No bird is an island
Not all birds migrate. If they do, it is because of the scarcity of food, habit, climate change or a combination of the above. Some birds stay, in flocks, hunting or foraging together to beat scarcity of food. The title of the exhibition, Bird Island suggests such a haven, where birds rule.
There are two painted series in this exhibition: The Bird Island Series, and the Buddha Hand Series. Both series seems loaded with icons, and obscured metaphors that are difficult to decipher immediately. The larger Bird Island Series acrylic on linen paintings hold these motifs: large puffy clouds, and an ominous white hand, large bird; silhouettes of figures in 18th century garments, European sail ships, sea creatures. The background resembles a map, with icons of mountains and the sea. Painted with bold black outlines, the painting also resembles a Japanese wood block print. Deliberately ambiguous, you are never sure if the uncanny figures were arriving or escaping the foreign land. But my best guess is the birds are the habitants of the native island, and they watch the immigrants arrive by boat. On the other hand, the Buddha Hand Series seemed more frivolous and frolic, the figure appears to be playing with the godlike hand.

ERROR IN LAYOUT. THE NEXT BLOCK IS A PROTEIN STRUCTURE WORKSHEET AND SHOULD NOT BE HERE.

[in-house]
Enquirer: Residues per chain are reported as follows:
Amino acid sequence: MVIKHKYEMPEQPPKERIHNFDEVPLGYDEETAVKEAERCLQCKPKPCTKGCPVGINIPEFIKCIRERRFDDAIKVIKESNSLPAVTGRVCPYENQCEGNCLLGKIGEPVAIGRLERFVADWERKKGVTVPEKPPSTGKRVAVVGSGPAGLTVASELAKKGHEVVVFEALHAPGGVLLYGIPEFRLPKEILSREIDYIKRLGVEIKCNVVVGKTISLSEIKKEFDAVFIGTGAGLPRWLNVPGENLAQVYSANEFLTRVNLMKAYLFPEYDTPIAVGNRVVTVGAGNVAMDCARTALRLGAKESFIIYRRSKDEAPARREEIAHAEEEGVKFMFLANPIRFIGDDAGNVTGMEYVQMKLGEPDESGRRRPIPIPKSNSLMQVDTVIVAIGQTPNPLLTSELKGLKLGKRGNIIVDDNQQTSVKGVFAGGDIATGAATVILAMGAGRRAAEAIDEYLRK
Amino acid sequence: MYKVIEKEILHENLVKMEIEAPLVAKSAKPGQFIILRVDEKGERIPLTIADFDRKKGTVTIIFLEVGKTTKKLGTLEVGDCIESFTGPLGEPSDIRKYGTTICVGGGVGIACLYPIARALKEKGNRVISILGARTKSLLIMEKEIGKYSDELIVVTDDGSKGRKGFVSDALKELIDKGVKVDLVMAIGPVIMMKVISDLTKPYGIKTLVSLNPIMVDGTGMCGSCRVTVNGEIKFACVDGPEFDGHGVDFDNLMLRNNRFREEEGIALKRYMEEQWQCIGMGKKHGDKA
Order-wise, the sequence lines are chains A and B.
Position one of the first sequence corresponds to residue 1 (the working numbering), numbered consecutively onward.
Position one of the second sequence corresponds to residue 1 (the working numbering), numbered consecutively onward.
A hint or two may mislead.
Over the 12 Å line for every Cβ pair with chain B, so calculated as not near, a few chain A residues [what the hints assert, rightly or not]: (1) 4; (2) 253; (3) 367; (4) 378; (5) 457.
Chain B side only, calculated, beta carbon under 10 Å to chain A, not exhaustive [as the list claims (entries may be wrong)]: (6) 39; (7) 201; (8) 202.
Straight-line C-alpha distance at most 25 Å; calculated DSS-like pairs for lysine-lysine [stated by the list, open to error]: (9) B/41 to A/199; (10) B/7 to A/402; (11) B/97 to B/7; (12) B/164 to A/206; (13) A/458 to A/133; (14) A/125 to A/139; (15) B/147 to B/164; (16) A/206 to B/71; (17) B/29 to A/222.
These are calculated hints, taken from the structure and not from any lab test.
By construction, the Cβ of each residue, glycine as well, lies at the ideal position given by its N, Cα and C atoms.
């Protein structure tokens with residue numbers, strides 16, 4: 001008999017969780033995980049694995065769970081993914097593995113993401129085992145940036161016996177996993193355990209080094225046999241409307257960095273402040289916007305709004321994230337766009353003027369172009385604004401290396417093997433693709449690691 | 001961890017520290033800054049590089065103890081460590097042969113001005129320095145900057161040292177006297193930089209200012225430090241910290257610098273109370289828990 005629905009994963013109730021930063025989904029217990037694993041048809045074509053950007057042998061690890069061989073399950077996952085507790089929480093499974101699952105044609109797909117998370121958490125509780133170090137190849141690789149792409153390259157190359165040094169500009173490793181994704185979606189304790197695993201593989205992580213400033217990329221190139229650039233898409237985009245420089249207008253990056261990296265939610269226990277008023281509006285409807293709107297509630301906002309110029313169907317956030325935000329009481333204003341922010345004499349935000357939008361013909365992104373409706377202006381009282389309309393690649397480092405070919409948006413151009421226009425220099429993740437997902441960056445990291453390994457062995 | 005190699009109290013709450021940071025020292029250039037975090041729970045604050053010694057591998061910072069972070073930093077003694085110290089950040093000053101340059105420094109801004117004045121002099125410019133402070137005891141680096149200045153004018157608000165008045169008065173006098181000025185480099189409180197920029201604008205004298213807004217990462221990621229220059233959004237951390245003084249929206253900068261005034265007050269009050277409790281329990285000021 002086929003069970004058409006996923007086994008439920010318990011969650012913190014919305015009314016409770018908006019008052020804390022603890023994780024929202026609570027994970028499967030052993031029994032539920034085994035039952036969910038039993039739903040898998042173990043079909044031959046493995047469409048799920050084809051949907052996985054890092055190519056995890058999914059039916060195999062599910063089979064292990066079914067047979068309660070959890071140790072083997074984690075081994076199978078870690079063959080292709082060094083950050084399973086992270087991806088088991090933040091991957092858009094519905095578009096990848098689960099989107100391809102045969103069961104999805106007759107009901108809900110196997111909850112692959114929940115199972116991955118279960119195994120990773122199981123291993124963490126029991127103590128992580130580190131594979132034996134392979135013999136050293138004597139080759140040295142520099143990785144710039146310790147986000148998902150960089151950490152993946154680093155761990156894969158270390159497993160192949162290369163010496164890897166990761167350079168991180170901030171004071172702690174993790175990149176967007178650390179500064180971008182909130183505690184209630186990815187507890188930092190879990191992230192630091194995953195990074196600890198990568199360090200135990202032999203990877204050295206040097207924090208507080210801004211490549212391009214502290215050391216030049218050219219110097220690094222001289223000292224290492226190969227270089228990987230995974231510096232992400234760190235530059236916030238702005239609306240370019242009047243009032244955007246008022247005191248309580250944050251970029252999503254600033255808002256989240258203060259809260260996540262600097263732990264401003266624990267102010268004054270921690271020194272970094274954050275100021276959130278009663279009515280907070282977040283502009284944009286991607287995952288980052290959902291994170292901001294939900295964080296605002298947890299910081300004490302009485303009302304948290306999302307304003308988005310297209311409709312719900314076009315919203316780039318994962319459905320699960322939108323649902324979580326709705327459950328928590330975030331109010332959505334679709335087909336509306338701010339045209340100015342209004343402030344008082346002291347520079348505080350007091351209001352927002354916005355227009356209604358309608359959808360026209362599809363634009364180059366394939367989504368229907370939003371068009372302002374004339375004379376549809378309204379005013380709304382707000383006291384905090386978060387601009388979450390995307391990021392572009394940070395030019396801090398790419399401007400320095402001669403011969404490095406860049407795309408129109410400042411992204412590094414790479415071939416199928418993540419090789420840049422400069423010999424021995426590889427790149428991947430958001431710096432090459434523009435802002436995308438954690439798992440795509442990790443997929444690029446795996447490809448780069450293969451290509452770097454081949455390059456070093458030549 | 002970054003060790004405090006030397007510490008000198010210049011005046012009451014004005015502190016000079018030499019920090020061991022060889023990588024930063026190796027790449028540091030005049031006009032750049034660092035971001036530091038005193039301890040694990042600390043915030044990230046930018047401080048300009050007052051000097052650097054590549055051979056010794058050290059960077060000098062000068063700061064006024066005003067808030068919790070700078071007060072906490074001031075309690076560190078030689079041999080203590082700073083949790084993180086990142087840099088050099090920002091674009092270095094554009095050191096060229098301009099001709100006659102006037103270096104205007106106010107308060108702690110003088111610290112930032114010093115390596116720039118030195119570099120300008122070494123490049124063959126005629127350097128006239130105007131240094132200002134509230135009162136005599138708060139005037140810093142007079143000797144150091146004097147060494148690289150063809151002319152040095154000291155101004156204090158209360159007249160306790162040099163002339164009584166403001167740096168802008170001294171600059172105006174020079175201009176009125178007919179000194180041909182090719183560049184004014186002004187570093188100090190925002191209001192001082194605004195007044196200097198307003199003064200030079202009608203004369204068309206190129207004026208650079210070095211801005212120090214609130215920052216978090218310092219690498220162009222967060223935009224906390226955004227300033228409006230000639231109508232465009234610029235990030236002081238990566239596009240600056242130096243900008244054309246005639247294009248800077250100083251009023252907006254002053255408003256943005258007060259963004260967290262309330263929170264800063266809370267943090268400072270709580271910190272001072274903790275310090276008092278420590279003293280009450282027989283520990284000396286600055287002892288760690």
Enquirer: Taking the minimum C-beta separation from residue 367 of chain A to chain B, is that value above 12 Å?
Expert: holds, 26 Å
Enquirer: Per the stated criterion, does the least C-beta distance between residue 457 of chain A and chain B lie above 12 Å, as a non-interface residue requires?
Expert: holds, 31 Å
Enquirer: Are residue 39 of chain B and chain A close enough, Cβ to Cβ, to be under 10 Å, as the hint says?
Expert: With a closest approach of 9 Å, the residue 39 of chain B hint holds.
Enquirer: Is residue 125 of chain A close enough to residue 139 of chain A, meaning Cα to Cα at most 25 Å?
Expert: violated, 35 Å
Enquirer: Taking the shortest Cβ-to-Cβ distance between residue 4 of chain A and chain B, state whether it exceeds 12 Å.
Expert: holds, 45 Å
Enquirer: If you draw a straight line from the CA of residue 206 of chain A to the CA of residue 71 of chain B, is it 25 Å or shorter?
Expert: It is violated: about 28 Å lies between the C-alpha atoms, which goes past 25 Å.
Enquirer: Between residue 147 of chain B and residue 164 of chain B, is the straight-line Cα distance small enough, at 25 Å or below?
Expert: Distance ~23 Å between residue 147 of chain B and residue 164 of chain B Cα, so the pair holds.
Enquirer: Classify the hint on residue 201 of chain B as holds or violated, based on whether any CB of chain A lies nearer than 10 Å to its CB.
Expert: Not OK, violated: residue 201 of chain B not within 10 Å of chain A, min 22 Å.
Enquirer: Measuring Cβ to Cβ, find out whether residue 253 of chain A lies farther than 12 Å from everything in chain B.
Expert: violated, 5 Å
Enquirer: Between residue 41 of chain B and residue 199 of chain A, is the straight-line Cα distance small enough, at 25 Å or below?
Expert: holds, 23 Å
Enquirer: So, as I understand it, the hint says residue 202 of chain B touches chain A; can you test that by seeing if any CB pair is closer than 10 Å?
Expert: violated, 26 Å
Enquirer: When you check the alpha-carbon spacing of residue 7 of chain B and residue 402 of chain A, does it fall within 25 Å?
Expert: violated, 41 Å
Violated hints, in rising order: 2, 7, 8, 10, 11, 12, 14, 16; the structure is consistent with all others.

The series of works by Guan Wei resembles the works of Keith Haring, partially. They both feature recognisable, iconic figures. In Keith Haring’s work, these are multi-coloured, cartoon-like. In Guan Wei’s work, they are chubby, nude, possess male genitals, and a mouth or ‘hole’ for a face. Both artists seem interested in mythology: urban or invented.
Humourous, and serious if you read into the symbolism, Guan Wei’s works delve into the artist’s own cultural background (and migration) as well as hint at global issues/dilemmas regarding immigration.
6.0 of 10 stars.
Chan and Hampe Galleries, Raffles Hotel
June 6 – Aug 6, 2011
Click here, for the exhibition’s curatorial text and gallery information.